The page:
This is the ice, though, that pisses: A former Goldman Sachs trader was sentenced on Friday to nine months in prison for wire fraud by a judge who took sharp aim at both Goldman and the government, questioning why it took them so long to bring the misconduct to light.
In a week where US income inequality became the “defining challenge of our time,” the problem of the asshole Goldman Sachs trader is a mirror of ‘law‘ inequality.
(Illustration found here).
Last March, the highest legal-beagle in America, US AG Eric Holder blubbered this out before a Senate Judiciary Committee (via PBS):
“I am concerned that the size of some of these institutions becomes so large that it does become difficult to prosecute them. When we are hit with indications that if you do prosecute, if you do bring a criminal charge it will have a negative impact on the national economy, perhaps world economy, that is a function of the fact that some of these institutions have become too large.
It has an inhibiting impact on our ability to bring resolutions that I think would be more appropriate. That is something that you all need to consider.”
A most cringe-worthy fart in a crowded elevator — despite the awful consequences of what Holder articulated (a couple months later, the clown tried to walk back those comments above, whining the whole shebang “misconstrued“), nothing but a ripple at what the AG espoused.
Until yesterday in a New York courtroom:
Matthew Taylor had admitted in a guilty plea this year that he concealed an unauthorized $8.3 billion trading position in 2007.
He told Goldman within 36 hours but escaped criminal charges until this year.
“Goldman was silent about Taylor’s lies,” U.S. District Judge William Pauley said in federal court in Manhattan.
The investment banking firm fired Taylor but didn’t disclose the full extent of his misconduct, clearing the way for him to continue as a trader for Morgan Stanley for another four years, the judge said.
“So much for Goldman’s concerns about the credibility of the financial markets,” he said.
The judge also suggested the U.S. attorney’s office in Manhattan and federal regulators went after the rogue trader years after his offense largely for publicity.
He accused prosecutors of crafting an artificially low sentencing recommendation to secure a quick plea deal.
“Everything about this case is sad,” the judge said.
“Your employer’s response was sad. Your conduct was sad. The government’s conduct — it’s sad.”
One humongous crazy item in the income agenda is artificial wealth, and that wealth’s ability to screw the rest of us. A month before Holder’s stink-discharge before that Senate committee, Matt Taibbi had a massive piece at Rolling Stone, titled, ‘Gangster Bankers: Too Big to Jail,’ which touched upon ‘law’ inequality, especially focusing on the horrific bullshit where ‘…the U.S. Justice Department granted a total walk to executives of the British-based bank HSBC for the largest drug-and-terrorism money-laundering case ever. Yes, they issued a fine – $1.9 billion, or about five weeks’ profit – but they didn’t extract so much as one dollar or one day in jail from any individual, despite a decade of stupefying abuses.’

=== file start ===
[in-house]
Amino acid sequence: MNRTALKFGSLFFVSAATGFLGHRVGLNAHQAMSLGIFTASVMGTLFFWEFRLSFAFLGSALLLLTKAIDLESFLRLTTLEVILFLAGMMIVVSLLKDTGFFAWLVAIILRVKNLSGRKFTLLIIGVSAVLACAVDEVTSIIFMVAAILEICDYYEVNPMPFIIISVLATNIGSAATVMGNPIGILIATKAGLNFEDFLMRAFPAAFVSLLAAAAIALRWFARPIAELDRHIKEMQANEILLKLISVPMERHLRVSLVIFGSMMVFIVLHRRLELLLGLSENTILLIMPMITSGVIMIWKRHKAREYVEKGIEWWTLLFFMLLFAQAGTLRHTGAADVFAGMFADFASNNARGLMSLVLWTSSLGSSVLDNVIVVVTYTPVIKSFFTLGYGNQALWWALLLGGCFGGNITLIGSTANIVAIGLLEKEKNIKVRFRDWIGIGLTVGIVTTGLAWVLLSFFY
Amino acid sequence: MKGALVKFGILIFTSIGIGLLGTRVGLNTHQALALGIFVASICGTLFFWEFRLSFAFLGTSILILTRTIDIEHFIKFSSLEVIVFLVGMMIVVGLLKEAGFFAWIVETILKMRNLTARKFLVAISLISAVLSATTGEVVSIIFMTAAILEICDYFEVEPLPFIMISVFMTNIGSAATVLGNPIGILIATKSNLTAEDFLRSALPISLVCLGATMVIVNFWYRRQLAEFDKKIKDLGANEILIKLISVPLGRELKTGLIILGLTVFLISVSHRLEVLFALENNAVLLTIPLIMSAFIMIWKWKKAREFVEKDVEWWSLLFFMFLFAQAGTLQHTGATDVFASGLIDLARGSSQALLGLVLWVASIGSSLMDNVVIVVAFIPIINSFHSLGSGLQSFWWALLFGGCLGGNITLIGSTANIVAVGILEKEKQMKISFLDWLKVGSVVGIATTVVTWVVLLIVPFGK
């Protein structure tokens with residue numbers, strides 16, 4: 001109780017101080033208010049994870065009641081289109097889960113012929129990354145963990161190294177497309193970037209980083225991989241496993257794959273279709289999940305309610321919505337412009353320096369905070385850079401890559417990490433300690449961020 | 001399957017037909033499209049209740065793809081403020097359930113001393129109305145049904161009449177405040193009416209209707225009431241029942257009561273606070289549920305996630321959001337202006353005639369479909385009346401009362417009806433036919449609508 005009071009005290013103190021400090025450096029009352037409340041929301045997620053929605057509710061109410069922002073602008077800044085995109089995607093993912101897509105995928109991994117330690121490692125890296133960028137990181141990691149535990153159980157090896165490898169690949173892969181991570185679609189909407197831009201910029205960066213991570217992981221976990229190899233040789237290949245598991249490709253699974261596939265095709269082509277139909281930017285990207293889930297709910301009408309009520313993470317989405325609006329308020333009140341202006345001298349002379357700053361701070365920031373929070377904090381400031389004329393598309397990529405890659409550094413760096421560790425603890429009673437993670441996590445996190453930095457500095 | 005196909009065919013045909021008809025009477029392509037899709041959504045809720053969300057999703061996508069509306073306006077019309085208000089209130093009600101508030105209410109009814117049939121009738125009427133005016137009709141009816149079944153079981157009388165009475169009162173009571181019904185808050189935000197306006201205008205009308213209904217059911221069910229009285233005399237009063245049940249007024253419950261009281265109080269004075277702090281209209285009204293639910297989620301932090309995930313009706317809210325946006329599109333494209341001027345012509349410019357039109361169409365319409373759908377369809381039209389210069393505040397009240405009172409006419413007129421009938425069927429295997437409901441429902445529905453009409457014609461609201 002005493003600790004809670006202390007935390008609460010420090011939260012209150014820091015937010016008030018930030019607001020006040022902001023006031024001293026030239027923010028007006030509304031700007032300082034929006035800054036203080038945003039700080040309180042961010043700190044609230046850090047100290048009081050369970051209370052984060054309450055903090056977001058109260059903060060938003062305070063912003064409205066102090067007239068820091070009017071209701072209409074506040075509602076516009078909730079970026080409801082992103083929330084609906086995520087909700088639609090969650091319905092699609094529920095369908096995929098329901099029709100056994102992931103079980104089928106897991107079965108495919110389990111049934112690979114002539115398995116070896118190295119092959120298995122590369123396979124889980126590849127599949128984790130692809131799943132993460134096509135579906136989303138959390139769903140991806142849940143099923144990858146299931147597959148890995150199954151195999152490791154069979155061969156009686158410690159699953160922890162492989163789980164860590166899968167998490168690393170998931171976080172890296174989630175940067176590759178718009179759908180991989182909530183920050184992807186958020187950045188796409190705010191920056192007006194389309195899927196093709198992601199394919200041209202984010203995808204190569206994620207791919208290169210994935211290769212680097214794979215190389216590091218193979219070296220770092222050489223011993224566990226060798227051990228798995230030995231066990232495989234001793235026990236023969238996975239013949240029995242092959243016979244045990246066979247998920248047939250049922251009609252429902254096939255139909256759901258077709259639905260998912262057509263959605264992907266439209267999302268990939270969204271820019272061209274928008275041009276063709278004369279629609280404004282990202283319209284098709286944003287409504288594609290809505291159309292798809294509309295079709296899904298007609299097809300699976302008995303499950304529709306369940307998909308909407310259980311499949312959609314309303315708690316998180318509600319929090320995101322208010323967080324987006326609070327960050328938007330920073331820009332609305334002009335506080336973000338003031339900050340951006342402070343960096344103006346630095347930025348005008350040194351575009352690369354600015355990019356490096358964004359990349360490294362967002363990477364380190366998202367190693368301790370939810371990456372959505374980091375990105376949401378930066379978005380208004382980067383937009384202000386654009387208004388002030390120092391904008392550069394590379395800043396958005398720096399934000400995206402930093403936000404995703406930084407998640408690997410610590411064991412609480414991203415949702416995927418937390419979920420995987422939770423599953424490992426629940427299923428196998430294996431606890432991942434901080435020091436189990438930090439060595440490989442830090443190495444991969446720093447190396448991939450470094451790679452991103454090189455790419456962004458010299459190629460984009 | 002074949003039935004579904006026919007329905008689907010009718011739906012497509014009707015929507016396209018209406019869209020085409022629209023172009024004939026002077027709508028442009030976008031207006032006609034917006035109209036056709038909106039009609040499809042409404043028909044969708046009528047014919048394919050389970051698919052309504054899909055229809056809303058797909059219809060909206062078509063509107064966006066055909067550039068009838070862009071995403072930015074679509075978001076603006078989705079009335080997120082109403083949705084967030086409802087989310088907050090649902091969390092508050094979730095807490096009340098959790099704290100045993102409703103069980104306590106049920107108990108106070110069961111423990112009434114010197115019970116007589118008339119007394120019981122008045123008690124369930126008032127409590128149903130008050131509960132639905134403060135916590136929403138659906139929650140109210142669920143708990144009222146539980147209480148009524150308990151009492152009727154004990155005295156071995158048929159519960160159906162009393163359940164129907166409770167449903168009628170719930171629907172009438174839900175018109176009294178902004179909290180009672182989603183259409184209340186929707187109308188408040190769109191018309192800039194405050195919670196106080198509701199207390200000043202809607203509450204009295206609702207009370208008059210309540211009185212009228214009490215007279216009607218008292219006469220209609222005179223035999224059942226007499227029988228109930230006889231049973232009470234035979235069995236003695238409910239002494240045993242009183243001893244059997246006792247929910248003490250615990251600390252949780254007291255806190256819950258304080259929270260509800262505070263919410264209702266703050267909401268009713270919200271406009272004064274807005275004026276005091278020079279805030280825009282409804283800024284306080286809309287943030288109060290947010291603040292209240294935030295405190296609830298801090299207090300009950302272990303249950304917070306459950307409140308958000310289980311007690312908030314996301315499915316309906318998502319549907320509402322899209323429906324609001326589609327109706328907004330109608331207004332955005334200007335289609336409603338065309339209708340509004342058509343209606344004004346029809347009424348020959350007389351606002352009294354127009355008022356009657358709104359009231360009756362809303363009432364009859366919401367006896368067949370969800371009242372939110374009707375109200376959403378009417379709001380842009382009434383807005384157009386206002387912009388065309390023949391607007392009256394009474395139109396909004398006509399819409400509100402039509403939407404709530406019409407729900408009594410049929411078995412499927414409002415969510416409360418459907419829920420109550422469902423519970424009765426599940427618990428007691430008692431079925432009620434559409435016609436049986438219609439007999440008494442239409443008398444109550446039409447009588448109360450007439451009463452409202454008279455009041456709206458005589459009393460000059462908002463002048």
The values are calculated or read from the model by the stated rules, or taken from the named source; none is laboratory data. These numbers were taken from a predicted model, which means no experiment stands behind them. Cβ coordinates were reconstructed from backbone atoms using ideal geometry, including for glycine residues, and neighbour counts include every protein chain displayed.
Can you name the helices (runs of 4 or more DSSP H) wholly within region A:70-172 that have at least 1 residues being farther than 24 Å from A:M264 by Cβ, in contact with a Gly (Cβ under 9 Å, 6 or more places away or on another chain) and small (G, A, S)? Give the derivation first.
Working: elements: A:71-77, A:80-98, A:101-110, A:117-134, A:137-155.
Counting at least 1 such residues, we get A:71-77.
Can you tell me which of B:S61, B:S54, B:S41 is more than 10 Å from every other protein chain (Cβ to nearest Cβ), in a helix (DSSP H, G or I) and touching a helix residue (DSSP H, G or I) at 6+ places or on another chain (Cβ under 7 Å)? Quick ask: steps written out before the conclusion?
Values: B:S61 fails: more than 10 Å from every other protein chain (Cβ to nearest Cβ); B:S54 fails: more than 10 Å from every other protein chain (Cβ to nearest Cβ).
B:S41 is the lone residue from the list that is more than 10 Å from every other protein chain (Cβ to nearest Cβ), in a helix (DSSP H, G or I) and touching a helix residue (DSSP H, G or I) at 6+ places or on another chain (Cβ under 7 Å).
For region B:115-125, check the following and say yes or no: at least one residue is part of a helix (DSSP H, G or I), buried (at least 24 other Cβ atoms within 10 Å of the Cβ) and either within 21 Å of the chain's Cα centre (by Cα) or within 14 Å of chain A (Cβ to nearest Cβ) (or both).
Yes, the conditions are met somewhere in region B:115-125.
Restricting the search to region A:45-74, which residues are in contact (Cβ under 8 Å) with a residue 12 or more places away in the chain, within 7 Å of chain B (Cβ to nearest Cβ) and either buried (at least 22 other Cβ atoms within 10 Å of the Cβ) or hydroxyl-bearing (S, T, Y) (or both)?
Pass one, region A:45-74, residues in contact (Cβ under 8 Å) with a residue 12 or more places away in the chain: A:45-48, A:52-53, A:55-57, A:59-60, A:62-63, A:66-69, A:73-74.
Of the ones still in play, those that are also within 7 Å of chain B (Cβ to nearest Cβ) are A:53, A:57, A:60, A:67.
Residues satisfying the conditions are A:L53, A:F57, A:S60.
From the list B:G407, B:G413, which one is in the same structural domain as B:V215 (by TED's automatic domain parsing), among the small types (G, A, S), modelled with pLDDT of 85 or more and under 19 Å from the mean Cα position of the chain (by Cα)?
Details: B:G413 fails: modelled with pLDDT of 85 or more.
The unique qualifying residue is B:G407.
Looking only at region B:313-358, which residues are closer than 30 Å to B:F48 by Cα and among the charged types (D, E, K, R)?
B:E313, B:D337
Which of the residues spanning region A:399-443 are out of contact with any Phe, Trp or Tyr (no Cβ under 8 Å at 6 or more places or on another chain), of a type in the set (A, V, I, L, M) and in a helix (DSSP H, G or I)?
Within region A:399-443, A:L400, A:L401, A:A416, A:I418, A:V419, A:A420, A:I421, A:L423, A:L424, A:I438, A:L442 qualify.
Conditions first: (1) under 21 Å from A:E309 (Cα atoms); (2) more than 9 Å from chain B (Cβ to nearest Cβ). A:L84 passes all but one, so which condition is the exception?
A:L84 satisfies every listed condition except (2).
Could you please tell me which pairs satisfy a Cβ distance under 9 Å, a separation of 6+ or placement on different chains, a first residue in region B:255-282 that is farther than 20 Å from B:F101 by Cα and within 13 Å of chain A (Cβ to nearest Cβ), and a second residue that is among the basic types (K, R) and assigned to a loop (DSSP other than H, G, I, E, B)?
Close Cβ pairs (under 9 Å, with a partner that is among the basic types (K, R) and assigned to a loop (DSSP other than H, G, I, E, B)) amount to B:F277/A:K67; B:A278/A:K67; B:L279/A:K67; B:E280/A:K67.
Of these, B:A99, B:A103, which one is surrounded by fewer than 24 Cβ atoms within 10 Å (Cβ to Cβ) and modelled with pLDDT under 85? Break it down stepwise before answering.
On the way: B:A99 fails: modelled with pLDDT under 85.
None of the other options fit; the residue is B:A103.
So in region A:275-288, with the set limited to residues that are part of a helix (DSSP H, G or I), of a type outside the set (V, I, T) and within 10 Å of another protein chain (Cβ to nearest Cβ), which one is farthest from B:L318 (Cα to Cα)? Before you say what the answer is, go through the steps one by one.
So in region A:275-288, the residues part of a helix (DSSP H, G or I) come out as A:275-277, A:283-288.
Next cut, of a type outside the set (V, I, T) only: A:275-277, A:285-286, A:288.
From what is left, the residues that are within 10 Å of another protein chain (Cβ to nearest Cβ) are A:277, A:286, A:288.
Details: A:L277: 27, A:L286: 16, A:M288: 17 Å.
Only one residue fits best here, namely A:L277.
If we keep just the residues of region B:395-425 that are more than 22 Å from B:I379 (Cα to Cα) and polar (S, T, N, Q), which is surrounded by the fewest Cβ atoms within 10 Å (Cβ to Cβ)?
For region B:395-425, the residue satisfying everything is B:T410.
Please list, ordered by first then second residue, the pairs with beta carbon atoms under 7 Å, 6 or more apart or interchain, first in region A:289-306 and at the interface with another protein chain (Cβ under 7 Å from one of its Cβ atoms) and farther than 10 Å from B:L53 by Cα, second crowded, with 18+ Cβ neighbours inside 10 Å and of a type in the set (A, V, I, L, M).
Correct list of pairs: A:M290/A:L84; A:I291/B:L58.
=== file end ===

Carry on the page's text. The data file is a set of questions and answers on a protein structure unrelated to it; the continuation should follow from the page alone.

And the HSBC case in a nutshell?
For at least half a decade, the storied British colonial banking power helped to wash hundreds of millions of dollars for drug mobs, including Mexico’s Sinaloa drug cartel, suspected in tens of thousands of murders just in the past 10 years – people so totally evil, jokes former New York Attorney General Eliot Spitzer, that “they make the guys on Wall Street look good.”
The bank also moved money for organizations linked to Al Qaeda and Hezbollah, and for Russian gangsters; helped countries like Iran, the Sudan and North Korea evade sanctions; and, in between helping murderers and terrorists and rogue states, aided countless common tax cheats in hiding their cash.
“They violated every goddamn law in the book,” says Jack Blum, an attorney and former Senate investigator who headed a major bribery investigation against Lockheed in the 1970s that led to the passage of the Foreign Corrupt Practices Act.
“They took every imaginable form of illegal and illicit business.”
Nowhere else to go but further down.
And President Obama’s words on Wednesday was ironic at best, and shit-stupid at worst: “The basic bargain at the heart of our economy has frayed.”
And leaves us to turn or move with a twisting or writhing motion…